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#ActualL. Spiro

Posted 14 March 2013 - 03:53 AM

Firstly, everyone learns differently. Your balance my vary, but these are probably the most common.

Gain experience by learning(studying) or by doing?

Experience by definition means “doing”. This is the difference between book smarts and street smarts.

Is it better to have well structured code that takes 5 hours in time to make, than have spagetti code that takes 30 mins to pump out?

There are times for each. Generally you want to make well-structured code, but frankly where can I say the balance lies?
If you are a very beginner on your own project there is no reason not to pump out quick-but-crap code.
Yet companies prefer structure.
To be quite frank the only way you can truly understand this dynamic balance is by doing both and learning their impacts on your code quality vs. getting results done. In fact you will need to learn the difference between them on your own personal level anyway in order to give accurate estimates to your future employer.
It is a crime to do either one of them in certain situations, so as long as you are a beginner and on your own, why not try them both so that you can get a feel for the dynamics behind them?

Is it better to become well versed in a particular(or broad) area of study, and then go in and tackle a project, or just learn as you go?

This is a false question.
You never dive into the deep-end until you have a little background. In fact you simply can’t.
Firstly, you need to be versed in a subject to some degree before you dive.
The point at which you dive marks the balance, and that is up to your learning ability. Everyone is different.

I'm wondering, what do YOU guys think are the best ways to learn how to code?

The way that works best for the person.
I guess you meant to ask how we each feel is our own best ways of learning.
For me that is a slight bit of reading on the subject followed by tons of hands-on and active doing.


L. Spiro

#2L. Spiro

Posted 14 March 2013 - 03:50 AM

Firstly, everyone learns differently. Your balance my vary, but these are probably the most common.

Gain experience by learning(studying) or by doing?

Experience by definition means “doing”. This is the difference between book smarts and street smarts.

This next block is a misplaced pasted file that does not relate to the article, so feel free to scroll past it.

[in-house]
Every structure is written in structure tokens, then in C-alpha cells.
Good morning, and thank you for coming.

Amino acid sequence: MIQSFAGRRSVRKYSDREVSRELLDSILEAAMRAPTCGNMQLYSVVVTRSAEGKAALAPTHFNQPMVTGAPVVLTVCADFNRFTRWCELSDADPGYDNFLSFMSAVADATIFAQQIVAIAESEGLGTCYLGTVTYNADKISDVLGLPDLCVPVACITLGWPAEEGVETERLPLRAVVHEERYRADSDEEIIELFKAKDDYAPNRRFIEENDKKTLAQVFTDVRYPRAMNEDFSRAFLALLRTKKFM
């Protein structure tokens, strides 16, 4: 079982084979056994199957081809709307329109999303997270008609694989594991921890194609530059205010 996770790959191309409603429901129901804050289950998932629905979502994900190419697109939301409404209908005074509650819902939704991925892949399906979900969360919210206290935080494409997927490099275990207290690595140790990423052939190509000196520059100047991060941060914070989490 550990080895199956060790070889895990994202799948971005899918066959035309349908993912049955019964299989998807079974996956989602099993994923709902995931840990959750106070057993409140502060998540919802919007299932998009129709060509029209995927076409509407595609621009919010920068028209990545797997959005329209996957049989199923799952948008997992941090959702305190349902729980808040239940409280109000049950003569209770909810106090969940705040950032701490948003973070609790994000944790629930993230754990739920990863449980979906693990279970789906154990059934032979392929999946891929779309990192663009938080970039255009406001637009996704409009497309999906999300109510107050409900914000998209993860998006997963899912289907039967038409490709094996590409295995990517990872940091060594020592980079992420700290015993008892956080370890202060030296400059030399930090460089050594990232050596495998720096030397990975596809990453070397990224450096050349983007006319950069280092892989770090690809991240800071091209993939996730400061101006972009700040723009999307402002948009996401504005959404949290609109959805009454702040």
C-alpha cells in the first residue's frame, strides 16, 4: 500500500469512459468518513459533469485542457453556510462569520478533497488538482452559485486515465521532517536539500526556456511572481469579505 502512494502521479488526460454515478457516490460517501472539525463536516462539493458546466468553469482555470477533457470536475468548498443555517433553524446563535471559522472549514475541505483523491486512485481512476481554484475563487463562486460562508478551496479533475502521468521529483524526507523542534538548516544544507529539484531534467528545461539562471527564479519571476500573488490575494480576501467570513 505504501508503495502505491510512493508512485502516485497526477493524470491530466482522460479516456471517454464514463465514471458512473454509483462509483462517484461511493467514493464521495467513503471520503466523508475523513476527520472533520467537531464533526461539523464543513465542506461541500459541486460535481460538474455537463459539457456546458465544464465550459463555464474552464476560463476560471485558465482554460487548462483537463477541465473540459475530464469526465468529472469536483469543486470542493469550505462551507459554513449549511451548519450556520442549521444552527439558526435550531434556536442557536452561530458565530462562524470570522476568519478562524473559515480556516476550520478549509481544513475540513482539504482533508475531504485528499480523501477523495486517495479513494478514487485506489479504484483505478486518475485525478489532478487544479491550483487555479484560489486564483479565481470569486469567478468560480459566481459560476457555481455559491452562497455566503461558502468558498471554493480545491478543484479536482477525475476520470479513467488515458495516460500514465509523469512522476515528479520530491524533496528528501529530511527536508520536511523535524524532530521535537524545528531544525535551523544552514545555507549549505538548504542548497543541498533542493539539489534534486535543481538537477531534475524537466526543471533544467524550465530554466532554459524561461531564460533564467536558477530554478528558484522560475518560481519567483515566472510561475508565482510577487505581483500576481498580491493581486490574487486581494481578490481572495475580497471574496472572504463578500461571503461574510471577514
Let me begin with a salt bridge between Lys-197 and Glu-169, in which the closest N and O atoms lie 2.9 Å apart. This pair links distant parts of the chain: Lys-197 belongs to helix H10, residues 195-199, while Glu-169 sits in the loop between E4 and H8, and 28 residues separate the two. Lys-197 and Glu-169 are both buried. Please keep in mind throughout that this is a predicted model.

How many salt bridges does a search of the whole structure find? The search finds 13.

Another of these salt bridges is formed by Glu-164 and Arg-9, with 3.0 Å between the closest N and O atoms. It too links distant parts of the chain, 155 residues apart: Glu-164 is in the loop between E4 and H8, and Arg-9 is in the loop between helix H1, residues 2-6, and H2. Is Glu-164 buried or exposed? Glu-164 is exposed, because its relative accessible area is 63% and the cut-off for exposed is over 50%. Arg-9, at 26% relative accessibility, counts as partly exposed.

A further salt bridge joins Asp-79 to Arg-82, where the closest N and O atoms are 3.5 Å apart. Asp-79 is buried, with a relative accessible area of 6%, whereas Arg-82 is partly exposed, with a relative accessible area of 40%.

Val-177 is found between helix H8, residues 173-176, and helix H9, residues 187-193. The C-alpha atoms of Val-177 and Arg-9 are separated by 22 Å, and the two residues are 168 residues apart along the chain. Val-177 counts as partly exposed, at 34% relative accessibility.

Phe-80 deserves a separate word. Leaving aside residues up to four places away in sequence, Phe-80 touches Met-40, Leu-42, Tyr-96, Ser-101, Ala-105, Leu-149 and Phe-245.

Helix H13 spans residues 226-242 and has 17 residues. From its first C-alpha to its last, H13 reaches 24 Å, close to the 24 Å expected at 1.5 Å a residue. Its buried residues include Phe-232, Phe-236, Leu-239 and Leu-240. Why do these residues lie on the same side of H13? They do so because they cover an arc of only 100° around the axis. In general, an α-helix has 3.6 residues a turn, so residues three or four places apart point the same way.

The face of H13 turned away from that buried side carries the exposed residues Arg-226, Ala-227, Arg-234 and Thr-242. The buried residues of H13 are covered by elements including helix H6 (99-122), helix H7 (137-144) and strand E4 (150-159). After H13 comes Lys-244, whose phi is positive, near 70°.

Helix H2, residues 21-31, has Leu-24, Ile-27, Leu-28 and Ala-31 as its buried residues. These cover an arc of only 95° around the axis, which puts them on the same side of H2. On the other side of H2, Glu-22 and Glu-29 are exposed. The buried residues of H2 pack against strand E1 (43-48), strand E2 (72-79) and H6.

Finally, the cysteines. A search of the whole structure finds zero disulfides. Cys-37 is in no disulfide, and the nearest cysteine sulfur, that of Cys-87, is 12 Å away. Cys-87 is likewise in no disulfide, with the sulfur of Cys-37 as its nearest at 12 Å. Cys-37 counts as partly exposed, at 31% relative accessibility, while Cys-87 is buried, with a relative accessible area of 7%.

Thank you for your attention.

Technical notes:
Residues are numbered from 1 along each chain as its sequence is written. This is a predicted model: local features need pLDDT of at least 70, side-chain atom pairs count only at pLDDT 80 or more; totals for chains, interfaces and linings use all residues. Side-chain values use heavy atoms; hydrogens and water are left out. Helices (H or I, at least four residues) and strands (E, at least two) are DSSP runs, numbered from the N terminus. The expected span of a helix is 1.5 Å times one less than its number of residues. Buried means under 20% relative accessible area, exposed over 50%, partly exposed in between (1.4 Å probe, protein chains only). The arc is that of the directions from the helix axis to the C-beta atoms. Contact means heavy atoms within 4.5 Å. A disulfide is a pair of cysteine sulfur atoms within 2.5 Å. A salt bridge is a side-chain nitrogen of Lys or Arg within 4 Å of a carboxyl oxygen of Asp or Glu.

Is it better to have well structured code that takes 5 hours in time to make, than have spagetti code that takes 30 mins to pump out?

There are times for each. Generally you want to make well-structured code, but frankly where can I say the balance lies?
If you are a very beginner on your own project there is no reason not to pump out quick-but-crap code.
Yet companies prefer structure.
To be quite frank the only way you can truly understand this dynamic balance is by doing both and learning their impacts on your code quality vs. getting results done.
It is a crime to do either one of them in certain situations, so as long as you are a beginner and on your own, why not try them both so that you can get a feel for the dynamics behind them?

Is it better to become well versed in a particular(or broad) area of study, and then go in and tackle a project, or just learn as you go?

This is a false question.
You never dive into the deep-end until you have a little background. In fact you simply can’t.
Firstly, you need to be versed in a subject to some degree before you dive.
The point at which you dive marks the balance, and that is up to your learning ability. Everyone is different.

I'm wondering, what do YOU guys think are the best ways to learn how to code?

The way that works best for the person.
I guess you meant to ask how we each feel is our own best ways of learning.
For me that is a slight bit of reading on the subject followed by tons of hands-on and active doing.


L. Spiro

#1L. Spiro

Posted 14 March 2013 - 03:48 AM

Firstly, everyone learns differently. Your balance my vary, but these are probably the most common.

Gain experience by learning(studying) or by doing?

Experience by definition means “doing”. This is the difference between book smarts and street smarts.

Is it better to have well structured code that takes 5 hours in time to make, than have spagetti code that takes 30 mins to pump out?

There are times for each. Generally you want to make well-structured code, but frankly where can I say the balance lies?
If you are a very beginner on your own project there is no reason not to pump out quick-but-crap code.
Yet companies prefer structure.
To be quite frank the only way you can truly understand this dynamic balance is by doing both and learning their impacts on your code quality vs. getting results done.
It is a crime to do either one of them in certain situations, so as long as you are a beginner and on your own, why not try them both so that you can get a feel for the dynamics behind them?

Is it better to become well versed in a particular(or broad) area of study, and then go in and tackle a project, or just learn as you go?

This is a false question.
You never dive into the deep-end until you have a little background. In fact you simply can’t.
Firstly, you need to be versed in a subject to some degree before in which you dive.
The point at which you dive marks the balance, and that is up to your learning ability. Everyone is different.

I'm wondering, what do YOU guys think are the best ways to learn how to code?

The way that works best for the person.
I guess you meant to ask how we each feel is our own best ways of learning.
For me that is a slight bit of reading on the subject followed by tons of hands-on and active doing.


L. Spiro

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